“It has been seamless to be honest with you,” running backs coach Thomas Hammock, the only offensive holdover from last season, said of the transition. “And at this point there is no transition. That is the way we look at it.”

If Bielema is harboring any angst about having to replace the likes of offensive coordinator Paul Chryst, offensive line coach Bob Bostad and tight ends coach Joe Rudolph, he is keeping it under wraps.

“I think the good thing for me is that it wasn’t the first time I faced transition,” he explained. “It wasn’t the first coordinator I ever hired.”

Bielema retained only two members of Alvarez’s final staff when he took over the program in 2006 and then made at least one coaching change in four of the next five seasons. After the 2007 season, he fired defensive coordinator Mike Hankwitz and promoted Dave Doeren to sole coordinator.

“People always have anxiety whenever there is change,” Bielema said. “I embrace it. To me, transition is an opportunity to improve.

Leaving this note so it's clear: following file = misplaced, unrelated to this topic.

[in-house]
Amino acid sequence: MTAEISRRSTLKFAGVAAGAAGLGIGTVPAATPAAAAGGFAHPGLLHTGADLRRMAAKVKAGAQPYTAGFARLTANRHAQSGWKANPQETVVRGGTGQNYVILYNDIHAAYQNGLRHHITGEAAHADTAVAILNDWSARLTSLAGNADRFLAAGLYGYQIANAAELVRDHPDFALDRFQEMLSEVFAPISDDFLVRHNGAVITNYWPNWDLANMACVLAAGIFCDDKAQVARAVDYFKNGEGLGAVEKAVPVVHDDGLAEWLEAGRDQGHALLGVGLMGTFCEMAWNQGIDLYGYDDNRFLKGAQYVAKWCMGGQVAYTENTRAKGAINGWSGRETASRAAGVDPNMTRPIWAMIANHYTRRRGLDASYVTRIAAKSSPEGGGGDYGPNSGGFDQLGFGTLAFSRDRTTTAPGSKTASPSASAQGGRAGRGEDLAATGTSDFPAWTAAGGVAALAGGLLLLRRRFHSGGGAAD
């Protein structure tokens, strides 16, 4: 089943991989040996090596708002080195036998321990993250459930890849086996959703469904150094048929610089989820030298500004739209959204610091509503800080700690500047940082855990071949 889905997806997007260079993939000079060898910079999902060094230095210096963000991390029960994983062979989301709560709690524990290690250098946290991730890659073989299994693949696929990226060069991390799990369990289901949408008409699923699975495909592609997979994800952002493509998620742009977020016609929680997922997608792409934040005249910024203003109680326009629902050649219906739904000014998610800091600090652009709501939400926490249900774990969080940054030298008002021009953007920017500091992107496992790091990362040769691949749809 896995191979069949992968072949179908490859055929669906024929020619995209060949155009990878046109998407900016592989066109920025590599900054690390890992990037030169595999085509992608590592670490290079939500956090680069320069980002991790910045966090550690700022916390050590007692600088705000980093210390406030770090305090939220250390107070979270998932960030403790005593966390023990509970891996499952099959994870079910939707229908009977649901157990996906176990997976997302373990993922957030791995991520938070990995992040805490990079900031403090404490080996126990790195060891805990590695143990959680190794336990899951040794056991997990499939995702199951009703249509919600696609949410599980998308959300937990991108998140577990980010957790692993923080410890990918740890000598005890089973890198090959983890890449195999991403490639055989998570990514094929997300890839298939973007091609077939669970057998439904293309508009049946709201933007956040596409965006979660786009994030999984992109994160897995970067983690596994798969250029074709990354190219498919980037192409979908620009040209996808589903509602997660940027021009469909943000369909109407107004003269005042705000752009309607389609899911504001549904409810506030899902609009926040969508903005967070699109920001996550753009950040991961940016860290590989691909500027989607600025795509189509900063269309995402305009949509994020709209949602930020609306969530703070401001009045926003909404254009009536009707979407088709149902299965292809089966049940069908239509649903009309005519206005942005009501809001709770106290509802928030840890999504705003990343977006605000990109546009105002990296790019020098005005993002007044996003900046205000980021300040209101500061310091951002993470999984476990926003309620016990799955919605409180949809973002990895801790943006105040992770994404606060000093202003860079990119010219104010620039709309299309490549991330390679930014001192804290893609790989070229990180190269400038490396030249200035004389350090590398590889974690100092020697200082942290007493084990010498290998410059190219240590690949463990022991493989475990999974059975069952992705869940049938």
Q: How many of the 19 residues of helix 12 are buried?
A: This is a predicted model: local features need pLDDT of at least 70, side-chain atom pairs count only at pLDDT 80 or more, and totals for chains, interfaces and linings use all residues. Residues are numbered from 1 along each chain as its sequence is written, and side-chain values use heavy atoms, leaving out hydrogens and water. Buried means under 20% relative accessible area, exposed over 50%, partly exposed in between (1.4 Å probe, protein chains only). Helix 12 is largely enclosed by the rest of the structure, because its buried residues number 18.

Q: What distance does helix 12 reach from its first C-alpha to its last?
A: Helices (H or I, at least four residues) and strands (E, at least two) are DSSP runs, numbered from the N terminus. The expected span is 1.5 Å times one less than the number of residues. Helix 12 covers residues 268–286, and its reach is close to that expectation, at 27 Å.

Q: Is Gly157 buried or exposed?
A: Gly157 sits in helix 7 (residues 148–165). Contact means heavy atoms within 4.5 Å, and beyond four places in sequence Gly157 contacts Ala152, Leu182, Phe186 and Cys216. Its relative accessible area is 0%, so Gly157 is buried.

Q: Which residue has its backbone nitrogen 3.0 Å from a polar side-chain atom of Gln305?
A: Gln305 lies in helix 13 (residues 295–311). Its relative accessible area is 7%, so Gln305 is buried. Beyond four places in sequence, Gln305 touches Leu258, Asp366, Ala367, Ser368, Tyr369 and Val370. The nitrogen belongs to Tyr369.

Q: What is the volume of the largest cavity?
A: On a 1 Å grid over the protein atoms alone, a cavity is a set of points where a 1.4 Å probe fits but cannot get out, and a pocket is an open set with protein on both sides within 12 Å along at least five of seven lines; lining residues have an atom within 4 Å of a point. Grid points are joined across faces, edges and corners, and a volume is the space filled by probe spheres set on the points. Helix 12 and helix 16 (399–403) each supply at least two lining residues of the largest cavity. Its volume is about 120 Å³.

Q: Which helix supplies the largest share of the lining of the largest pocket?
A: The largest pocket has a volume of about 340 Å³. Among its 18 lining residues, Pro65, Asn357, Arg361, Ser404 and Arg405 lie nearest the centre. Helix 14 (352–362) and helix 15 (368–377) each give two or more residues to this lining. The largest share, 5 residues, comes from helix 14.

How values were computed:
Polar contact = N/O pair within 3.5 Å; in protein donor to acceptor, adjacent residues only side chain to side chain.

“I want to get better. And that is no disrespect to the coaches who came before them. I hope they have nothing but success in the career path they’ve chosen.

“But I want to be better than we were. That’s just how I operate.”

Big Ten Network analyst Gerry DiNardo coached college football for 28 years. During his run as an assistant at Colorado (1982-’1990), the Buffs endured 12 staff changes over a three-year span.

“You went to the first staff meeting after the summer and you weren’t sure who you were sitting next to,” he joked. “Will you (reporters) overplay it? Yes. Is it real? It is absolutely real.

“But I will say that Bret’s style allows you to overcome this a little faster than maybe someone who is micromanaging the offense.

“Bret, to my knowledge, he lets them coach. He lets the coordinators coordinate and he manages the program. So as long as he and offensive coordinator Matt Canada are OK . . . it will be OK.

“If you’re micromanaging either side of the ball, then the dynamic between you and the assistants and you and the coordinators changes.”

During the Big Ten preseason meetings in Chicago in July, Bielema’s message to reporters was twofold:

First, near the top of his to-do list for preseason camp was to put the staff in as many game-day situations as possible to get a feel for the communication and interaction among the assistants.